You know, I’ve always wondered why people make such a big deal on the double-digit birthday. It’s just something I’ve known as a child, a thing I’ve known since I was born. Yeah. It’s like common knowledge for Americans. I think that everyone just knows it. Every child I’ve been friends with basically knows. Is it just an American thing?
Why do people think that the double-digit birthday is such a big deal?
You know, I’ve always wondered why people make such a big deal on the double-digit birthday. It’s just something I’ve known as a child, a thing I’ve known since I was born. Yeah. It’s like common knowledge for Americans. I think that everyone just knows it. Every child I’ve been friends with basically knows. Is it just an American thing? Honestly, for Asians, it’s more seven and 60. I mean, it is like a whole new lifeline, since you become more mature, or at least you feel more mature. As you probably know, I’m Chinese-American. My parents are Chinese, whereas I’m American.
The Chinese way to celebrate birthdays: the first birthday party of a Chinese child takes place when he/she turns two years old. Parents celebrate a birthday by surrounding a child with symbolic items such as a toy airplane, an abacus, a flute, etc. And these items are the attempt to predict the future of the child. Likewise, seven has both positive and negative connotations in Chinese culture. For the positive side, 七 (seven) sounds like both 起 (qǐ), which means “start” or “rise,” and also 气 (qì), which means “vital energy.” Seven is also seen as a lucky number for relationships. Honestly, Americans take a liking to the birthday leading to the double-digit.
An amazingly surprising thing about Chinese birthdays is that they DON’T eat cake as we do. I know right, WHAT? But here’s the reason why: different cultures eat differently. In the Chinese way, they prefer to eat healthier things.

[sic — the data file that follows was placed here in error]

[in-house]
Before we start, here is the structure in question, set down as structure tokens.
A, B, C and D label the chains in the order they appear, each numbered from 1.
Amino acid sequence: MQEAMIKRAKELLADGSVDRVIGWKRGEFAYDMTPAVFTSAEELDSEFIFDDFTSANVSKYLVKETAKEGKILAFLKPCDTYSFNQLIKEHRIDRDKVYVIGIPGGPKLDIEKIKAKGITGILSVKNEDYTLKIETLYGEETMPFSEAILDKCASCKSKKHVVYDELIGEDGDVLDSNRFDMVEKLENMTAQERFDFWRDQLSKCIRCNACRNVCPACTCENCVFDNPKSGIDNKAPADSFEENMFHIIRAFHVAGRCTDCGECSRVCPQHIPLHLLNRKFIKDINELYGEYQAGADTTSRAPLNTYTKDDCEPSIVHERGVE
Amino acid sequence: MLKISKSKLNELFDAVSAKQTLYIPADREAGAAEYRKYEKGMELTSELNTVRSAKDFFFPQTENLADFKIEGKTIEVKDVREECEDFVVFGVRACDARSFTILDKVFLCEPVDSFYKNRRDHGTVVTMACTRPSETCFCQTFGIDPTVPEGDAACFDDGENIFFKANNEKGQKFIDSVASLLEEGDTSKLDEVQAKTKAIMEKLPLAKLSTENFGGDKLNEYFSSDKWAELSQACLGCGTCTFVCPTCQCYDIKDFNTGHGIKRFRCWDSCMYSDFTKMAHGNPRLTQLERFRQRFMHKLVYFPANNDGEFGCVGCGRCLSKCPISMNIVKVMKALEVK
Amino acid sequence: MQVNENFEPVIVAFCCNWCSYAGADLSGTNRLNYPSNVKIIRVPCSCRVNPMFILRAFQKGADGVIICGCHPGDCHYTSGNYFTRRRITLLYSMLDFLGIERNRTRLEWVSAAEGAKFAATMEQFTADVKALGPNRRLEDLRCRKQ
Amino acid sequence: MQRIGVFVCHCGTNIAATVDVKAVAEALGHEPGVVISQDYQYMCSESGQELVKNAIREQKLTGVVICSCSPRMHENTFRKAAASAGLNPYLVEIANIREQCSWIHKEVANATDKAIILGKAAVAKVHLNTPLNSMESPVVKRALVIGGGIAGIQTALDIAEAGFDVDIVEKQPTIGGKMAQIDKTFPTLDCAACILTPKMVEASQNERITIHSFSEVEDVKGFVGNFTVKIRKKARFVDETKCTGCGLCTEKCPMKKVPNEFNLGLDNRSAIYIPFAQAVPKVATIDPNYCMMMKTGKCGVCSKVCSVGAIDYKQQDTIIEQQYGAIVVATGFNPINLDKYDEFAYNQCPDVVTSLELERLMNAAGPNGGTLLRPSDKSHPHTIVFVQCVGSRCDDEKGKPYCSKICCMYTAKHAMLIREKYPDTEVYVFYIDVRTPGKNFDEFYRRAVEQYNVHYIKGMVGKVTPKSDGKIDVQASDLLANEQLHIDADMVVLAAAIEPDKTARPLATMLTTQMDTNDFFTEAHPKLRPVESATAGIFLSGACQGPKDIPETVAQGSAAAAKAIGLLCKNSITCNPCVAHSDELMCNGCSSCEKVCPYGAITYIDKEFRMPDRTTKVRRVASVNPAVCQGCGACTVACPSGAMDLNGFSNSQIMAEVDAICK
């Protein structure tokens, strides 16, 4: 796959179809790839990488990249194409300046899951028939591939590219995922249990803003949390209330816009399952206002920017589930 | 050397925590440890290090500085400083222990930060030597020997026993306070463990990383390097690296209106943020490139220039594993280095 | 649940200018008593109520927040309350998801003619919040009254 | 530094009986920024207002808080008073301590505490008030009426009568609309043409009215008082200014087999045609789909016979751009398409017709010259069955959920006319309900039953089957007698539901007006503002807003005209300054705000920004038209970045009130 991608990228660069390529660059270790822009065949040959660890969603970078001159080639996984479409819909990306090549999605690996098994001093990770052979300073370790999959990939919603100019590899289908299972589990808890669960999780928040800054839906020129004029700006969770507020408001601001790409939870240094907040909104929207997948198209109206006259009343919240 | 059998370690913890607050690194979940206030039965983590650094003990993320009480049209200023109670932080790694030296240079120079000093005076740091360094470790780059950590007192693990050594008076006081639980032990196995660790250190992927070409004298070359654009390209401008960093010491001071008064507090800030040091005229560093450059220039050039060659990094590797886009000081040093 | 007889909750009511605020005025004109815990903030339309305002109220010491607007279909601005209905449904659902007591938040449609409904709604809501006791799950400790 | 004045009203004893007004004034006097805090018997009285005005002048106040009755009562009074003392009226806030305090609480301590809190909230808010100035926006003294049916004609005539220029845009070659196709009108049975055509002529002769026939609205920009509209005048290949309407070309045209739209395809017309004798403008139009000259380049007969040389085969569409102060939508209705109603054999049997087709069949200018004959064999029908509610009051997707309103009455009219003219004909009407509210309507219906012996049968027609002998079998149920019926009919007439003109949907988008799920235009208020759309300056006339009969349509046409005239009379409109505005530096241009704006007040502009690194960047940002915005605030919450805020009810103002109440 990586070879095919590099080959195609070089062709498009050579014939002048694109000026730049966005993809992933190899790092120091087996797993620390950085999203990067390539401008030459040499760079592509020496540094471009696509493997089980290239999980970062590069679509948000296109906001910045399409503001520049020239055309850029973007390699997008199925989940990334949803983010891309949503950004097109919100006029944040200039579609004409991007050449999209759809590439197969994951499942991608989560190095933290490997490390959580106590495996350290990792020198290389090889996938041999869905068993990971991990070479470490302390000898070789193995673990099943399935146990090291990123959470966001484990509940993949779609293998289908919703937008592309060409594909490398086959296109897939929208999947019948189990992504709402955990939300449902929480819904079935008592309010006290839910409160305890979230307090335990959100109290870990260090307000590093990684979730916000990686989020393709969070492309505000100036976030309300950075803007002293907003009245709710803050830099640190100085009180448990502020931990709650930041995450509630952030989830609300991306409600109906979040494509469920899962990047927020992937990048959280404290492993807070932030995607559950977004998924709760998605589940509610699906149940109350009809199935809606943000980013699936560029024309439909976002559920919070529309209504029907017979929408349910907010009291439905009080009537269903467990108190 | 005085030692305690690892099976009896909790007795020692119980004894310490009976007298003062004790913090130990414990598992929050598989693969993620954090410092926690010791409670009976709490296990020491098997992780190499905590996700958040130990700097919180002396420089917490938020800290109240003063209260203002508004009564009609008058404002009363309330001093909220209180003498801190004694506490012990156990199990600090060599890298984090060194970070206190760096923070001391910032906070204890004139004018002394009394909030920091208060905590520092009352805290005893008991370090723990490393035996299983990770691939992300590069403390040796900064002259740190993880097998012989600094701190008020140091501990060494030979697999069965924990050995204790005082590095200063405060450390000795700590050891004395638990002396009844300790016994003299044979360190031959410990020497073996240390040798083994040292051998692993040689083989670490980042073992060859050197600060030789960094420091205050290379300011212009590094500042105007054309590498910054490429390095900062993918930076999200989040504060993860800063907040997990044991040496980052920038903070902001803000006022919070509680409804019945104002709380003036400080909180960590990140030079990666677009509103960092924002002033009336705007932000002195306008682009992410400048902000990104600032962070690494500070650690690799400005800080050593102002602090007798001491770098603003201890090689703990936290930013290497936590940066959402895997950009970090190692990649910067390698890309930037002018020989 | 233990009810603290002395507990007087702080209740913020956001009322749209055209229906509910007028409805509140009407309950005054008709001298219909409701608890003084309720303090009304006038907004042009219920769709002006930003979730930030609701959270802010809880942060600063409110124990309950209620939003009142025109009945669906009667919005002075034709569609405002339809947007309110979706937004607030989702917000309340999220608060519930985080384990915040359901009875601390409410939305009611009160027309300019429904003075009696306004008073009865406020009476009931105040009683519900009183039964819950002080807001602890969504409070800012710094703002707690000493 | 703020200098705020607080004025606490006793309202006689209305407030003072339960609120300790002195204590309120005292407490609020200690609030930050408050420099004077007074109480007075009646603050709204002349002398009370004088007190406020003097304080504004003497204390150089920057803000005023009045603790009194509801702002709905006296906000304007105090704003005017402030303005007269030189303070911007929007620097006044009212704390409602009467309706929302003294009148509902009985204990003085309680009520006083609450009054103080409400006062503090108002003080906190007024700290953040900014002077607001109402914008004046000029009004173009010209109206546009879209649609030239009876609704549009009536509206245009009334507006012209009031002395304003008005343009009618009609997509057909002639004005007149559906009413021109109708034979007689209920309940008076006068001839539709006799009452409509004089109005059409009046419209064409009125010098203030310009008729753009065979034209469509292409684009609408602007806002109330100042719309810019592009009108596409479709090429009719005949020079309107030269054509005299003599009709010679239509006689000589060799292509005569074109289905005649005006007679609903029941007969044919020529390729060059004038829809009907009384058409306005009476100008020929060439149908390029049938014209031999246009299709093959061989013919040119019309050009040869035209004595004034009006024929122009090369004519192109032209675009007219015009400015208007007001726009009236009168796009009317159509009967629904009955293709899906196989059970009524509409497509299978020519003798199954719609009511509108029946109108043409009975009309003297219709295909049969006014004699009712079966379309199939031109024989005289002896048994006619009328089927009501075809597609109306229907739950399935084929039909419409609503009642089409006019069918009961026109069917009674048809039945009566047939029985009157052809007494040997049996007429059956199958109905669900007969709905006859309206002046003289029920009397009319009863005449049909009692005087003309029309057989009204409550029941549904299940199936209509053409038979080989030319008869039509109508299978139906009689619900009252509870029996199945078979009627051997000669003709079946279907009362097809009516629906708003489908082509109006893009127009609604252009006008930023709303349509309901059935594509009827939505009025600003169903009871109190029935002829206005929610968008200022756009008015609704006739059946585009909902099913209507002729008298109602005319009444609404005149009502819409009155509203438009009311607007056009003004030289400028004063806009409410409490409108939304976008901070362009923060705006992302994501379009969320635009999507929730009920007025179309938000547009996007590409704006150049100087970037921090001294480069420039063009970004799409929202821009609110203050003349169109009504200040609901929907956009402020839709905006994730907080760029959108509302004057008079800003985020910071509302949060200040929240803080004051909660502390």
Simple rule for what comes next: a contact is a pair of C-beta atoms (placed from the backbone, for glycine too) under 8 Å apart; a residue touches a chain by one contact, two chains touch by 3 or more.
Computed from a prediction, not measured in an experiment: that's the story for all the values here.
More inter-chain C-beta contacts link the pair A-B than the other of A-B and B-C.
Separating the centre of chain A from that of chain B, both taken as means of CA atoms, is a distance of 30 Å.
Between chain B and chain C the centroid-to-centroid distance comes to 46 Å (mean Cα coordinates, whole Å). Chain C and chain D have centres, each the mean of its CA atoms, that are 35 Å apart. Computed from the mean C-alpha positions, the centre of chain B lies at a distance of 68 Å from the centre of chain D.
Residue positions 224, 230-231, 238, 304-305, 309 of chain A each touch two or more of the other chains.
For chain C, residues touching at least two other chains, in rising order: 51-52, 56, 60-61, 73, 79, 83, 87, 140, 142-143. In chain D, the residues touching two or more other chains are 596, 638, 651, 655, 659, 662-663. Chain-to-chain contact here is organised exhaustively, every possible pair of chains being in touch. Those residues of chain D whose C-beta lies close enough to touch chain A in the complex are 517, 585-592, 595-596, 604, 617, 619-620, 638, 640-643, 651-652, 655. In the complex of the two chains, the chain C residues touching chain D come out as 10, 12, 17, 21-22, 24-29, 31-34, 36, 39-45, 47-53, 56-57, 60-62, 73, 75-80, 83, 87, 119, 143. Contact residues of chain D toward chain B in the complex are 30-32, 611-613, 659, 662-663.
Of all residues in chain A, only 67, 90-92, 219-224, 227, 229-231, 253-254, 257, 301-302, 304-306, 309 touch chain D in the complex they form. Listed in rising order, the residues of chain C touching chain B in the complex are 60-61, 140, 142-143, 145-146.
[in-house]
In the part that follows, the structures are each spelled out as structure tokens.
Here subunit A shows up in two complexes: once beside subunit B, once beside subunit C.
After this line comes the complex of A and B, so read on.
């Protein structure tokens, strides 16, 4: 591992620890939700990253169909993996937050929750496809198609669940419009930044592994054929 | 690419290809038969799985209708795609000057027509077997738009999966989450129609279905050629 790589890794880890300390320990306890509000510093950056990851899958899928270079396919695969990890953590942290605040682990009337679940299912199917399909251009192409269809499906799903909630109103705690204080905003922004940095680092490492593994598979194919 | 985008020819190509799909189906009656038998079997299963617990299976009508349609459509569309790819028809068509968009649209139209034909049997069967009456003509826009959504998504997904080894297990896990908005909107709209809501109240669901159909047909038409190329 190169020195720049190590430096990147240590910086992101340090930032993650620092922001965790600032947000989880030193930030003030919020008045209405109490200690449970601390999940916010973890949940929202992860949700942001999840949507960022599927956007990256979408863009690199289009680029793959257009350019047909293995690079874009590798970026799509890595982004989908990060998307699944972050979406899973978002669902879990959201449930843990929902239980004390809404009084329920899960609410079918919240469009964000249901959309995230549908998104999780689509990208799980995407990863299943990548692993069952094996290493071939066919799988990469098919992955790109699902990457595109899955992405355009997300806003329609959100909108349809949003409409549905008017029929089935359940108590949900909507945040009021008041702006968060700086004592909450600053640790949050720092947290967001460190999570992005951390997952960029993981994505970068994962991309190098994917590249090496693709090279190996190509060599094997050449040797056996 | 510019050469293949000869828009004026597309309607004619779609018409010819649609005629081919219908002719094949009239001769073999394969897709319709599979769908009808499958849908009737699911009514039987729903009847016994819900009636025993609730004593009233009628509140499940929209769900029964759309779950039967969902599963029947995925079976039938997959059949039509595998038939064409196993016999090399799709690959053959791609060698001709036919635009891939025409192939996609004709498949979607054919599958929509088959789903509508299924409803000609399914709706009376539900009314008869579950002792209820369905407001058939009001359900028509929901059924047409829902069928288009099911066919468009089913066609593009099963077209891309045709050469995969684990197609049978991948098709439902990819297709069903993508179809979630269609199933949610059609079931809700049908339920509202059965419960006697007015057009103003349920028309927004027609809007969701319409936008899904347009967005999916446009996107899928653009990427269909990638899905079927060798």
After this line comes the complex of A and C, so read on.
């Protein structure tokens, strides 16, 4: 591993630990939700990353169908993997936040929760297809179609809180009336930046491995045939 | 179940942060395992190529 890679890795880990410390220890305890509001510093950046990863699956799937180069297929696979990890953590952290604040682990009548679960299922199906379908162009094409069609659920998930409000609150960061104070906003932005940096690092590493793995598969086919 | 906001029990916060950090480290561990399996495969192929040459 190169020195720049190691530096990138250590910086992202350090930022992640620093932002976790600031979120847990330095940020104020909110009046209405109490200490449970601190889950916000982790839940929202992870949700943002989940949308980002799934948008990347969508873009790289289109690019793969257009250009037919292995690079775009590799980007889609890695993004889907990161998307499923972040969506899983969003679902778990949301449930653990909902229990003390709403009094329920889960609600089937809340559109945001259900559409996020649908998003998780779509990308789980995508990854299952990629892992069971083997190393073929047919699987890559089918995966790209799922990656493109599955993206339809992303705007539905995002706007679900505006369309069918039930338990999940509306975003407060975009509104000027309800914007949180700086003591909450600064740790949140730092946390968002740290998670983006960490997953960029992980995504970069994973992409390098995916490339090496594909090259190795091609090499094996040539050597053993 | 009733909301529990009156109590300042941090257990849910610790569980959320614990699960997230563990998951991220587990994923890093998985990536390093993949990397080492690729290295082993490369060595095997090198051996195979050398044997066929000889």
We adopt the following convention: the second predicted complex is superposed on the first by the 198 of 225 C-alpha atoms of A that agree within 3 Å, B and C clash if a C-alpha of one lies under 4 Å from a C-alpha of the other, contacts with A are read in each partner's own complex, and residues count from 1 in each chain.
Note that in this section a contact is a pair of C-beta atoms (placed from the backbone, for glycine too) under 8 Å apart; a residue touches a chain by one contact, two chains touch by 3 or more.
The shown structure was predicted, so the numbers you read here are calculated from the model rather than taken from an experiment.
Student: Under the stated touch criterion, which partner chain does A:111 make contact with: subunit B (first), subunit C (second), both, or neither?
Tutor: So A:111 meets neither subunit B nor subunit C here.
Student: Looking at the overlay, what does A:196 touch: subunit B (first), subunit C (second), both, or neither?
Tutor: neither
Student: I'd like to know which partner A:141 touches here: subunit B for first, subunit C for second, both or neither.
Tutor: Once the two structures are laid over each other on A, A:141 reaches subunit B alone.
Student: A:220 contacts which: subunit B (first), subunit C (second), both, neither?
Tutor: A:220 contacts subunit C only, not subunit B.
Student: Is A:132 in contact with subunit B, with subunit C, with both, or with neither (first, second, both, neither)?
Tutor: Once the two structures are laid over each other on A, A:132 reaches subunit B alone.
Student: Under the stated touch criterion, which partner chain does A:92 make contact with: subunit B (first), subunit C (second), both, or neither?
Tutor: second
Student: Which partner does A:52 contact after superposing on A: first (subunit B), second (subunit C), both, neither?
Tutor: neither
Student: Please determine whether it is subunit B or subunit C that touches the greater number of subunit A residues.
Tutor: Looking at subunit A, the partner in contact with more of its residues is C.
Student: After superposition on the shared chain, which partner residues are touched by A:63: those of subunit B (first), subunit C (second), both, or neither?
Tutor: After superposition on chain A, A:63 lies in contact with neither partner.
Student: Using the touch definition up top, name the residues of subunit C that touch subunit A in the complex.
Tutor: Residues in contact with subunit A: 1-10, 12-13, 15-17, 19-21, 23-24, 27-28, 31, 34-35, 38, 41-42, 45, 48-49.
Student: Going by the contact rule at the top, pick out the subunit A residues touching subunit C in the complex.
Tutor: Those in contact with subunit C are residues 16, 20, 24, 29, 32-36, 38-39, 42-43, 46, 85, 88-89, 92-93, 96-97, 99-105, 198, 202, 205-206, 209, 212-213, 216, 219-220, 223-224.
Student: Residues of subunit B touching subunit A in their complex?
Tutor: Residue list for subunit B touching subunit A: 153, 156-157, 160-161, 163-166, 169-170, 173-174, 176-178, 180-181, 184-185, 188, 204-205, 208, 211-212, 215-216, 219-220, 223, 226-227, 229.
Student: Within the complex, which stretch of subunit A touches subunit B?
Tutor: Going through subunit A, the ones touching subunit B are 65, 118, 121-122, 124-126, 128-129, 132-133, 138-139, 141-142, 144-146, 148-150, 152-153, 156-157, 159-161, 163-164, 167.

Chinese people don’t really make such a big deal on their birthdays. While nowadays, young people in China celebrate their birthdays every year like in the West, traditionally, not much importance was attached to your birthday in China. After celebrating three birthdays – 30 days, one year, and six years, no birthday was given any special attention until you were 60. It’s fascinating, isn’t it?
For Chinese people, they zoom in more on the year of whichever animal, rather than the value of the year. But for Americans, they prefer to focus on the value, and what age one is turning.
Now, let’s focus on the types of Chinese years. There are many, 12, actually, based on the year that one is born. There’s the rabbit year, the tiger year, the lamb year, the monkey year, the mouse year, the horse year, the dragon year, the snake year, the dog year, the chicken year, and the pig year. I’m born in the tiger year, and so is my mom, but unfortunately, my dad’s born in the lamb (ram) year. I’ve already mentioned that I’m born in the tiger year (as is my mom), and, well, my mom has a tendency to be obstinate, as do I. So, some people carry on the traits that their animal year has captivity.
This essay explores different ways that different cultures celebrate their birthdays, as well as how they differ from each other in each and every way. I want to make it clear that every culture has a different way of celebrating birthdays. I was hoping that this essay can give ideas on how people do things differently.